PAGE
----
Project Title
Fort Lewis Stryker Barracks

Tacoma, Washington

Type of Facility
Military Barracks

Square Footage
72,870 sqft

Construction Timeline
51 weeks

A three-story 72,870 square foot (87 modules) barracks was designed for Fort Lewis Stryker to provide comfortable living quarters for enlisted personnel. The barracks building contains 100 two person apartments with individual carpeted bedrooms, along with a tiled bathroom, common area and kitchen. Exterior cladding is pre-finished multicolor rolled metal siding. The exterior design was the result of an architectural interpretation of the desired appearance of the building in order to blend with the existing environment.

The all steel frame modular structure progressive collapse system is the first of its kind and now serves as the prototype for subsequent projects. Built in the factory to accommodate the 5:12 roof pitch, the folding steel section roof systems collapses for transport and is then raised and secured on site. The building’s progressive collapse design meets federal guidelines that the building does not collapse when any two interior columns are removed. Anti-Terrorism Force Protection (ATFP) requirements are incorporated into the site and building components including: vehicle parking and approach setbacks, force protection exterior glass, and 2nd story air intakes for mechanical systems.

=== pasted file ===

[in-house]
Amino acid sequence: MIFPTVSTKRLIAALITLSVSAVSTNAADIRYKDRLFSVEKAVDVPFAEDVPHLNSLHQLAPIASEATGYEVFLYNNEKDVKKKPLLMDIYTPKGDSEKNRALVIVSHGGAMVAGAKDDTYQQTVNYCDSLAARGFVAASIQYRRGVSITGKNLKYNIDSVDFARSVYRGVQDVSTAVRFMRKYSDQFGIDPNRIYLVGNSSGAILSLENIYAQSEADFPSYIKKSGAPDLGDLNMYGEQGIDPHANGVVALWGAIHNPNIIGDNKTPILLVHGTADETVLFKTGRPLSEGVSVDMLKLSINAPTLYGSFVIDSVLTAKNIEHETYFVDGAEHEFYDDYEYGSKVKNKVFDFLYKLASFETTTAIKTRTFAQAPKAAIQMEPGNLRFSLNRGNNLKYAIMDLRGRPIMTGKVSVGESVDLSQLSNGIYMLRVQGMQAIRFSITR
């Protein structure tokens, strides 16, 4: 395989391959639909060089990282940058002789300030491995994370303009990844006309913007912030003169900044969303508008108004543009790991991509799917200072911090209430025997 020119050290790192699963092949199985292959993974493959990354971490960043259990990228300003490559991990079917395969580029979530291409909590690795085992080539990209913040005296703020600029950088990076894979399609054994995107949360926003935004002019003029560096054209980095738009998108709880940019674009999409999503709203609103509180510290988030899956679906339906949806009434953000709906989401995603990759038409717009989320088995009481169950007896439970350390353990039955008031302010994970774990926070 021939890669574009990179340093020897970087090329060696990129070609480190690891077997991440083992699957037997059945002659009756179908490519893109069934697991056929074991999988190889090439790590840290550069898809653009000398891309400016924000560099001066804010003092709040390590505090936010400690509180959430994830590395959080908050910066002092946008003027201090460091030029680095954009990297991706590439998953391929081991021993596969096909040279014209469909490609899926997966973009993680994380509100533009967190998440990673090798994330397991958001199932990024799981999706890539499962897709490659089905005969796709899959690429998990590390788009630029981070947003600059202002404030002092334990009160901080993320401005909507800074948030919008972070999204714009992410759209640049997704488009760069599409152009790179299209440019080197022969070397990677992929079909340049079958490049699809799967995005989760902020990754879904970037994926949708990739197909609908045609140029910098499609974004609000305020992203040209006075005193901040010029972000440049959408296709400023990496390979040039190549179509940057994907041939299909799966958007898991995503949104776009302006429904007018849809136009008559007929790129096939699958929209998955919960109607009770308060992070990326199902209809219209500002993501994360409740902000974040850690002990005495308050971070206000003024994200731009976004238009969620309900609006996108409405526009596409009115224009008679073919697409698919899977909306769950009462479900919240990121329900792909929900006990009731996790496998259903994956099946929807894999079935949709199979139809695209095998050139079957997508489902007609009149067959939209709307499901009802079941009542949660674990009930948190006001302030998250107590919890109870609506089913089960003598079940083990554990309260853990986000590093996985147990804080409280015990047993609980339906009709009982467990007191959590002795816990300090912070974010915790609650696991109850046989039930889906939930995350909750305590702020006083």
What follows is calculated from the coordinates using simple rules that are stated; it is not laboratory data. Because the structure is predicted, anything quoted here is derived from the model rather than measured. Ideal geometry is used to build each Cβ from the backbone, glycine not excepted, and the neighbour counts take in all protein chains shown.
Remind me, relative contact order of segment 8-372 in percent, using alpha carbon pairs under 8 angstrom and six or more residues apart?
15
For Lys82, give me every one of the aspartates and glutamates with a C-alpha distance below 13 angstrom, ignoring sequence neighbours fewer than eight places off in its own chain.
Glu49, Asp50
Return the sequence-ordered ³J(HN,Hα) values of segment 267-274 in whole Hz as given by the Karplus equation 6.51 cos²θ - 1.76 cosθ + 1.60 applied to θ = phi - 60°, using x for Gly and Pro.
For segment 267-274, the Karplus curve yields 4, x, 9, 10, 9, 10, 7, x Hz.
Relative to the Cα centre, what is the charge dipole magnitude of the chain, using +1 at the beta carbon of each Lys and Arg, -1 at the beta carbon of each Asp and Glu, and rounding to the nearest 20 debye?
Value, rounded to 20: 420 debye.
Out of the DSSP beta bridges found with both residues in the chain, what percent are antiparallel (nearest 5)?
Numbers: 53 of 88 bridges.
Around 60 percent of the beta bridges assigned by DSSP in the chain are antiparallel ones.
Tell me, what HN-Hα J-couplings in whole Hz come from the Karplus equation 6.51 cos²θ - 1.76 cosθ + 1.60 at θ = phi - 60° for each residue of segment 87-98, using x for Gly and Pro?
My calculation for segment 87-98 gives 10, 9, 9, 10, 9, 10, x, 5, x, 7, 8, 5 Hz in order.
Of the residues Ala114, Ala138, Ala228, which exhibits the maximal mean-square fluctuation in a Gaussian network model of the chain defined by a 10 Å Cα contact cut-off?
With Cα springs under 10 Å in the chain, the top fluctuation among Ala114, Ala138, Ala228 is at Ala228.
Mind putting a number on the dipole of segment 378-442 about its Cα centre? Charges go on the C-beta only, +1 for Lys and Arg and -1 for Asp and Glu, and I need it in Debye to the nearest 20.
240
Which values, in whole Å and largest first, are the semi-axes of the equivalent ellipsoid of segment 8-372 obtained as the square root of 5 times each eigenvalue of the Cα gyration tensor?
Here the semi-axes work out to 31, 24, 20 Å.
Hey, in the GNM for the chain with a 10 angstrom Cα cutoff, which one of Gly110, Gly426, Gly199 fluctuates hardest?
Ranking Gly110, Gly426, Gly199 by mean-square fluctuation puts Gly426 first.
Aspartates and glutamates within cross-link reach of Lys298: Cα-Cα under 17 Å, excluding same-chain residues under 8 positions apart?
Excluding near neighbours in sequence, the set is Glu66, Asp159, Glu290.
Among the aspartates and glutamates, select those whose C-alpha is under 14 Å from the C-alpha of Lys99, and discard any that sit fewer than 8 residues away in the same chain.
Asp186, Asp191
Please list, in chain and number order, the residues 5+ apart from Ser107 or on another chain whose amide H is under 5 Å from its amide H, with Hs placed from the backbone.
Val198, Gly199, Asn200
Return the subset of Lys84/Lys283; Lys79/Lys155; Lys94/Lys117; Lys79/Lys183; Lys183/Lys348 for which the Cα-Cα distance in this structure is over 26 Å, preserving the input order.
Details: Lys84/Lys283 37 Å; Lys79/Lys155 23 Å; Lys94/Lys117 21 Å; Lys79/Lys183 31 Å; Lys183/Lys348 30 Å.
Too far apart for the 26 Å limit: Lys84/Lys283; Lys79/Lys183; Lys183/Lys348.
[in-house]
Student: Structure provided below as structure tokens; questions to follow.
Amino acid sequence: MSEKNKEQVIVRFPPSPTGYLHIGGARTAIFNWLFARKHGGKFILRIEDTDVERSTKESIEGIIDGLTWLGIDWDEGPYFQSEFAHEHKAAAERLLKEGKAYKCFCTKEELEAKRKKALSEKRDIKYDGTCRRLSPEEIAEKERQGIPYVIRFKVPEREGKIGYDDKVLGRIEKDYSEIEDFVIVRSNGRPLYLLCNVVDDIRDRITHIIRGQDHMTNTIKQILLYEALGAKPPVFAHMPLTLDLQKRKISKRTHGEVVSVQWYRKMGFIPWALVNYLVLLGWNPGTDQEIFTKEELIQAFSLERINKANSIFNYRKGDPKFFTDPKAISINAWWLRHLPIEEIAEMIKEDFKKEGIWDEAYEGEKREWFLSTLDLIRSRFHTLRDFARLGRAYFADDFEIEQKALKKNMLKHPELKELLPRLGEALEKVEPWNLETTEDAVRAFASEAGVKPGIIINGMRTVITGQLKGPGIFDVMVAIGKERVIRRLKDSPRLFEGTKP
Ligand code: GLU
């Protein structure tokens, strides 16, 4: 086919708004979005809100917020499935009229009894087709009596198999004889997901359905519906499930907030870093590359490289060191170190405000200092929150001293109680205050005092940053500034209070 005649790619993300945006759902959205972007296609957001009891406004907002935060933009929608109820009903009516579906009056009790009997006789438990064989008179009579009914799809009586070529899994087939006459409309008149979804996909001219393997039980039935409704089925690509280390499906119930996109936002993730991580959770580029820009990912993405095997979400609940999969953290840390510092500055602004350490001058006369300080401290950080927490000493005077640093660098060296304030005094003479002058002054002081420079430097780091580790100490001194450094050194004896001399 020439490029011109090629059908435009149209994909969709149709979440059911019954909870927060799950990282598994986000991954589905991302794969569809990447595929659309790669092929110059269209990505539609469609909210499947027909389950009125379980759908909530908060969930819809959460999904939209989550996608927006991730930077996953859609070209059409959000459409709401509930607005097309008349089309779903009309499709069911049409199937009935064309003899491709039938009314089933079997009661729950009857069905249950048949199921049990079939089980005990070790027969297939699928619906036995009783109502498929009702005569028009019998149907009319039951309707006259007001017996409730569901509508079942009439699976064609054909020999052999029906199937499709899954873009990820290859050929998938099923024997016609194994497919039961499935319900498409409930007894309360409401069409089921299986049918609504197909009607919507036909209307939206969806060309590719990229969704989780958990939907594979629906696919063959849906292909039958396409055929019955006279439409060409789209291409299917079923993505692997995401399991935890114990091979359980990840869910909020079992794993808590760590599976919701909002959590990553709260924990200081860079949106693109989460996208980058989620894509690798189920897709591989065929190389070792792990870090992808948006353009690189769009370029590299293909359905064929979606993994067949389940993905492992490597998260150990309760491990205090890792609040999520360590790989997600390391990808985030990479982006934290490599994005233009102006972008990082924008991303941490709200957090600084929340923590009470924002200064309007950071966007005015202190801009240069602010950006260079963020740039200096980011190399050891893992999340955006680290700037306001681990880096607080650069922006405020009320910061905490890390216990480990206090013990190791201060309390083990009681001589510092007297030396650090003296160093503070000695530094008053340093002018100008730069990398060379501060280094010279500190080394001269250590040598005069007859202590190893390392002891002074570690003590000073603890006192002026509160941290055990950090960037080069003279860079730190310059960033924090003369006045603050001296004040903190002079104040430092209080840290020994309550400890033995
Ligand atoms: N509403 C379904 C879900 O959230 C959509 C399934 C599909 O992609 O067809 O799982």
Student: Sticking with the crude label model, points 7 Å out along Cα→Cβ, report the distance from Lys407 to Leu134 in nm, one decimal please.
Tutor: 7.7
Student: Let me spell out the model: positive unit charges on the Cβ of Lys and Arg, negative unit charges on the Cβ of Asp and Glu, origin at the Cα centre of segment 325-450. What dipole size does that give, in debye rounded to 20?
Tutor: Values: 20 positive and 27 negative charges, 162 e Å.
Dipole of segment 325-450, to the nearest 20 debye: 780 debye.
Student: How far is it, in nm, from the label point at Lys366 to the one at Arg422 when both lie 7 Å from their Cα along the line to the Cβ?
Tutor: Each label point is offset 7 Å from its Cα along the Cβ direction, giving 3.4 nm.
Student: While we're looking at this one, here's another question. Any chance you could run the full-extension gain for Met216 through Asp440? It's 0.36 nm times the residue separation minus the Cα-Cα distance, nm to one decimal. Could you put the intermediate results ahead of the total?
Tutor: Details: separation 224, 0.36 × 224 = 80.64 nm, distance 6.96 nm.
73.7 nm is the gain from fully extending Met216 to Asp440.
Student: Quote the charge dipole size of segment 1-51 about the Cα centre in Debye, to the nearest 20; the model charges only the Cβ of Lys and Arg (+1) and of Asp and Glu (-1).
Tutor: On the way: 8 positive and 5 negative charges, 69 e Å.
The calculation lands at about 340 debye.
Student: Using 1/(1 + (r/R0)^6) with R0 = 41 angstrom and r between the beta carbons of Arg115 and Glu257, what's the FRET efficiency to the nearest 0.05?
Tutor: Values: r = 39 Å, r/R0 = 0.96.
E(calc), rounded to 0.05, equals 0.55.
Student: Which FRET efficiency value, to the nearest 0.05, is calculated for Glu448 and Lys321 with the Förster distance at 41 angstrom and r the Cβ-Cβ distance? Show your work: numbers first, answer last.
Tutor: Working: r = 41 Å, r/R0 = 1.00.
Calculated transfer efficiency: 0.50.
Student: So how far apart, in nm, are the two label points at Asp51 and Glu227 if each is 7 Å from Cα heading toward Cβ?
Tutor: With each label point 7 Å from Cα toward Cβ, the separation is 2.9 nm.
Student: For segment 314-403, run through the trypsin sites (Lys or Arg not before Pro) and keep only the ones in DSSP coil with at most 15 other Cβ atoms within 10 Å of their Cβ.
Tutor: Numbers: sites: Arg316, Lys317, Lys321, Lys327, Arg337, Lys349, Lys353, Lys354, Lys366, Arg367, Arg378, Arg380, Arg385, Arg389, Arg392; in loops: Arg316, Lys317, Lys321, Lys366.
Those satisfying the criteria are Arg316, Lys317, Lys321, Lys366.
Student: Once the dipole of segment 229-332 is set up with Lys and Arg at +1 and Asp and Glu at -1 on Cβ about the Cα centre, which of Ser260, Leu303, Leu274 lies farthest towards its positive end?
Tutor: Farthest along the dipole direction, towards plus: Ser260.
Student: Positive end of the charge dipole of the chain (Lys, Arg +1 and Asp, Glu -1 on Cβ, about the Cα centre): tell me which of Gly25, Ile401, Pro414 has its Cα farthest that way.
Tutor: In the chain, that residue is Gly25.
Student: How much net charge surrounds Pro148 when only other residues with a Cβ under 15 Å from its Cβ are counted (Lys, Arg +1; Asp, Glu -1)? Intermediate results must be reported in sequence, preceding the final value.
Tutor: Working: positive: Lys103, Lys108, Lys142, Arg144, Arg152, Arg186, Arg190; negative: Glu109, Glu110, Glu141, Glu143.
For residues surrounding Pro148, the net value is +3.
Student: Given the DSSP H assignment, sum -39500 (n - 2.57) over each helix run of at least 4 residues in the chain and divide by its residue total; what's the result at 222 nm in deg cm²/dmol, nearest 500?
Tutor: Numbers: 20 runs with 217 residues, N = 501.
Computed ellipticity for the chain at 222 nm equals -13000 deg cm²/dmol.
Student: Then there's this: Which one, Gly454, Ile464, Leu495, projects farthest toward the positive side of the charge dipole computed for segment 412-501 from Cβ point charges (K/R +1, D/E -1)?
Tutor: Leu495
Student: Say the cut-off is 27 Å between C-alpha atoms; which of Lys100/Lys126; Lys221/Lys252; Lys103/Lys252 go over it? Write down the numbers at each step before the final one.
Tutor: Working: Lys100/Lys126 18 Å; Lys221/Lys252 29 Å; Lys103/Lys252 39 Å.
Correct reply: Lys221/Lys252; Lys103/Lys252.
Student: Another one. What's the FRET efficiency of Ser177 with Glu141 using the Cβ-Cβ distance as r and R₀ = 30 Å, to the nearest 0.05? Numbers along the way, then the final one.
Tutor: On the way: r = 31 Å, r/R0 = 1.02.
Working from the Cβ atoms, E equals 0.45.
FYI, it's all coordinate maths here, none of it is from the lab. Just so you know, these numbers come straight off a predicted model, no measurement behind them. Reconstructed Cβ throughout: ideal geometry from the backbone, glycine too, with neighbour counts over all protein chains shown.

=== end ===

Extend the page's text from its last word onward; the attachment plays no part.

A folding steel section collapse for the roof section created a great savings and made it possible to easily transport the sections, crane lifting them once modules were set at the site. The six week manufacturing time-frame provided increased savings over site built construction and minimized waste. A high tech DDC energy management system controlled heating from a remote location for unoccupied rooms. Occupancy sensors controlled critical lighting. Conduit pathways for CAT6 wiring network of high speed communication, mass notification, and centralized fire alarm systems were configured at the time of manufacture. 90% of the full sprinkler system was installed in the modules in the factory. HRU energy recovery units and hydronic heating maximized.